Into the Wild, Paperback
4 out of 5 (8 ratings)


By examining the true story of Chris McCandless, a young man, who in 1992 walked deep into the Alaskan wilderness and whose SOS note and emaciated corpse were found four months later, internationally bestselling author Jon Krakauer explores the obsession which leads some people to explore the outer limits of self, leave civilization behind and seek enlightenment through solitude and contact with nature. 'An astonishingly gifted writer: his account of 'Alex Supertramp' is powerfully dramatic, eliciting sympathy for both the idealistic, anti-consumerist boy - and his parents' Guardian 'A compelling tale of tragic idealism' The Times


  • Format: Paperback
  • Pages: 224 pages, maps
  • Publisher: Pan Macmillan
  • Publication Date:
  • Category: Biography: general
  • ISBN: 9780330453677



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Showing 1 - 5 of 8 reviews.

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Review by

At first, I wasn't sure if there was a whole book to be made out of the adventure of Christopher McCandless's life. Originally, Krakauer had written an article in a magazine about how McCandless had given up his privileged existence in upper-middleclass suburbia and trekked out to Alaska to live, and die, on the land. In the hands of many lesser writers, that would have been enough - the novelisation would have expanded on the original without adding anything, and would have been written in big type. I've seen it happen.However, I was pleasantly surprised. Krakauer goes a lot further, examining the roots of McCandless's wanderlust, his complicated relationship with his father and family, his desire for space and freedom. He traces the route taken by McCandless across America, and interviews many of those who knew him.McCandless remains something of an enigma. Consumed by the passionate fires of youth, McCandless was intelligent but hardly a poet - had he lived beyond his experiences, it's very possible that he could have become a 20th-century Thoreau or Tolstoy, but he never had the chance. In fact, at times, the stories of the broken-down people McCandless met along the way comes across as more absorbing and more captivating than his own travails.The reactions to McCandless's death are particularly interesting to observe. So too are the digressions that Krakauer takes to explore other men like McCandless, and the author's own obsession with space and wanderlust, and how he grew beyond it, to incorporate the wandering spirit into his own life. I wonder if there are any traces of my own personality in this tale - the book was given to me as a gift, by a friend who knows me better than myself. Could it then be that she saw something that she thought this book could save me from?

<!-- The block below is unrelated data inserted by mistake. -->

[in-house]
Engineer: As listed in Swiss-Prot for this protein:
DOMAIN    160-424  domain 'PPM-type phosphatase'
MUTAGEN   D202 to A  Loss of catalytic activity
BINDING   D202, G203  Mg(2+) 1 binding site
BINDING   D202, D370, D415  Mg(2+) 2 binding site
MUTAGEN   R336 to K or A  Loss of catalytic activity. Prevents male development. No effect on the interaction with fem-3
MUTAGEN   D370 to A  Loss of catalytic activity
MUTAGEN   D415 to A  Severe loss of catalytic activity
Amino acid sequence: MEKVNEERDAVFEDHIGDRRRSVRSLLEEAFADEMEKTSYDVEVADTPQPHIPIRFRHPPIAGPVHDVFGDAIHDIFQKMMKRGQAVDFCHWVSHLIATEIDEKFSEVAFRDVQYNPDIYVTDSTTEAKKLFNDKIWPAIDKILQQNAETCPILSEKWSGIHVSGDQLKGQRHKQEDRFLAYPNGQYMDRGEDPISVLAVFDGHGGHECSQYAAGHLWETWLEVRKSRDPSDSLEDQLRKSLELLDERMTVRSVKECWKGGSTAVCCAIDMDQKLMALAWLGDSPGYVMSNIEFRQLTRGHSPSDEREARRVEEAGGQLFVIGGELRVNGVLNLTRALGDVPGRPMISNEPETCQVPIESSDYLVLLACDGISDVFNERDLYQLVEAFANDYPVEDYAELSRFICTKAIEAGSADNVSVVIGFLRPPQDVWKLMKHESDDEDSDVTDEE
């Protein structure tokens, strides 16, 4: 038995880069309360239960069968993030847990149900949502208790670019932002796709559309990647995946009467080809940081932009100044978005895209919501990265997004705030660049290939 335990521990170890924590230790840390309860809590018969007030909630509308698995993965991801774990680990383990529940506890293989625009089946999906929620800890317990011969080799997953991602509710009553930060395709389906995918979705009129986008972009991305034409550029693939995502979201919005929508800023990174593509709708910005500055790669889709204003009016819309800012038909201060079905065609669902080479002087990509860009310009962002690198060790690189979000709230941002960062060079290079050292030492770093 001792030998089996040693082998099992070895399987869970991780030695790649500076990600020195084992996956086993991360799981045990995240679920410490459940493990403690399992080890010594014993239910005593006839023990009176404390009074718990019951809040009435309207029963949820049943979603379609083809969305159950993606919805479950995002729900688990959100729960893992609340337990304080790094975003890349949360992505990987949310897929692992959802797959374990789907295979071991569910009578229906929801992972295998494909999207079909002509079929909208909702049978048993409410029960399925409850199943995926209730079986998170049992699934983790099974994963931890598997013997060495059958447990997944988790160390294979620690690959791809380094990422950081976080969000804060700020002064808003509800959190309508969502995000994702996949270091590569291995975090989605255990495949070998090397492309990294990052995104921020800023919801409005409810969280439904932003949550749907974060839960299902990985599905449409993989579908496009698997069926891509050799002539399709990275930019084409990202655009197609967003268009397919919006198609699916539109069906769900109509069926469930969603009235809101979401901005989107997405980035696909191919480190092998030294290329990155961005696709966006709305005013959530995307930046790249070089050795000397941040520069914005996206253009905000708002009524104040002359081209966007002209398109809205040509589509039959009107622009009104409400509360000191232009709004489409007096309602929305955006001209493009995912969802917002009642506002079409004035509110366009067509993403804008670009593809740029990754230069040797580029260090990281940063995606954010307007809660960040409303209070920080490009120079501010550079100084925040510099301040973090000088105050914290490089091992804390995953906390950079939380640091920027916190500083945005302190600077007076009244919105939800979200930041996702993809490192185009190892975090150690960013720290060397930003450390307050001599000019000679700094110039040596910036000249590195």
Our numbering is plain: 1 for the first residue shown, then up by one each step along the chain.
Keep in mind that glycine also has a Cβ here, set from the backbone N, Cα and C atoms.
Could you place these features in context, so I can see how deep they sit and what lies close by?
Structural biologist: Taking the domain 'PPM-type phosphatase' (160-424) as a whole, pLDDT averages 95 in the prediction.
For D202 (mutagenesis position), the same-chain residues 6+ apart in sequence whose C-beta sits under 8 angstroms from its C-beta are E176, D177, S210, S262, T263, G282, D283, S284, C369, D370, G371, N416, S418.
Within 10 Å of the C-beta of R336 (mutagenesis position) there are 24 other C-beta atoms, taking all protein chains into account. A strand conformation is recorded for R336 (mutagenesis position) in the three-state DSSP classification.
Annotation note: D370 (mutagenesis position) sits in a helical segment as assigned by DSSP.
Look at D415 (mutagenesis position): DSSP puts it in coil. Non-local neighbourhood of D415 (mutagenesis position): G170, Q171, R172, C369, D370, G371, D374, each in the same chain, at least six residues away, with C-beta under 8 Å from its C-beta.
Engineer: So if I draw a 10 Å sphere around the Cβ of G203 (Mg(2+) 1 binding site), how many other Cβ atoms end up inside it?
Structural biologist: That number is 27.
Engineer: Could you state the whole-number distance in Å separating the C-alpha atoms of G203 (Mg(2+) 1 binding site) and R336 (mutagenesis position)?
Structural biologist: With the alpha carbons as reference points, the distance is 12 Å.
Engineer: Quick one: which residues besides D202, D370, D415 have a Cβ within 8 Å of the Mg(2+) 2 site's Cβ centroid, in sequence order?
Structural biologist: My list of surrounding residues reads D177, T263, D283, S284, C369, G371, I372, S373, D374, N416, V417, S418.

Review by

This is one of my favourite books; it's a sad story but so compelling. Some people might find it hard to sympathize with Chris McCandless - he didn't seem to care much about his own safety; but at the same time many people will admire his bravery. I think a lot of people would love to just disappear and go on adventures across the states but would never actually do it. The author does write about himself a bit too much, but the rest of the book had me gripped.

Review by

Interesting, involving but non-judgmental account of Christopher McCandless and other wilderness explorers. Well written but the left turn into the authors own trip at one point seems to appear from a different book.

Review by

After seeing the film I was left with questions. In some things the film doesn't explain why or how certain things happened. So I bought this book. And I'm not so sure I should have.In the introduction Jon Krakauer writes: "Through most of the book, I have tried - and largely succeeded, I think - to minimize my authorial presence." Well, he didn't succeed. He goes on to warn the reader that he has included some stories of his own youth. That is a very sure way of maximizing one's presence, actually! And it adds nothing. It's two very boring chapters. You might want to skip those, should you pick this book up.The introduction ends with the comforting idea that Jon Krakauer leaves the reader to form his or her own opinion. No, he doesn't!He thinks Chris McCandless is some kind of hero. Or I should say a Hero.Of course I still made up my own mind, but that is beside the point. This is about the book. My questions are answered and I did get some insight into this young man who perished in Alaska. I just don't like the way in which this book is written.

Review by

This was recommended to me by a friend and such a huge disappointment. Maybe if I had read this before I've seen the movie, I would have enjoyed it, but after that wonderful film, I couldn't help but be disappointed with this book.

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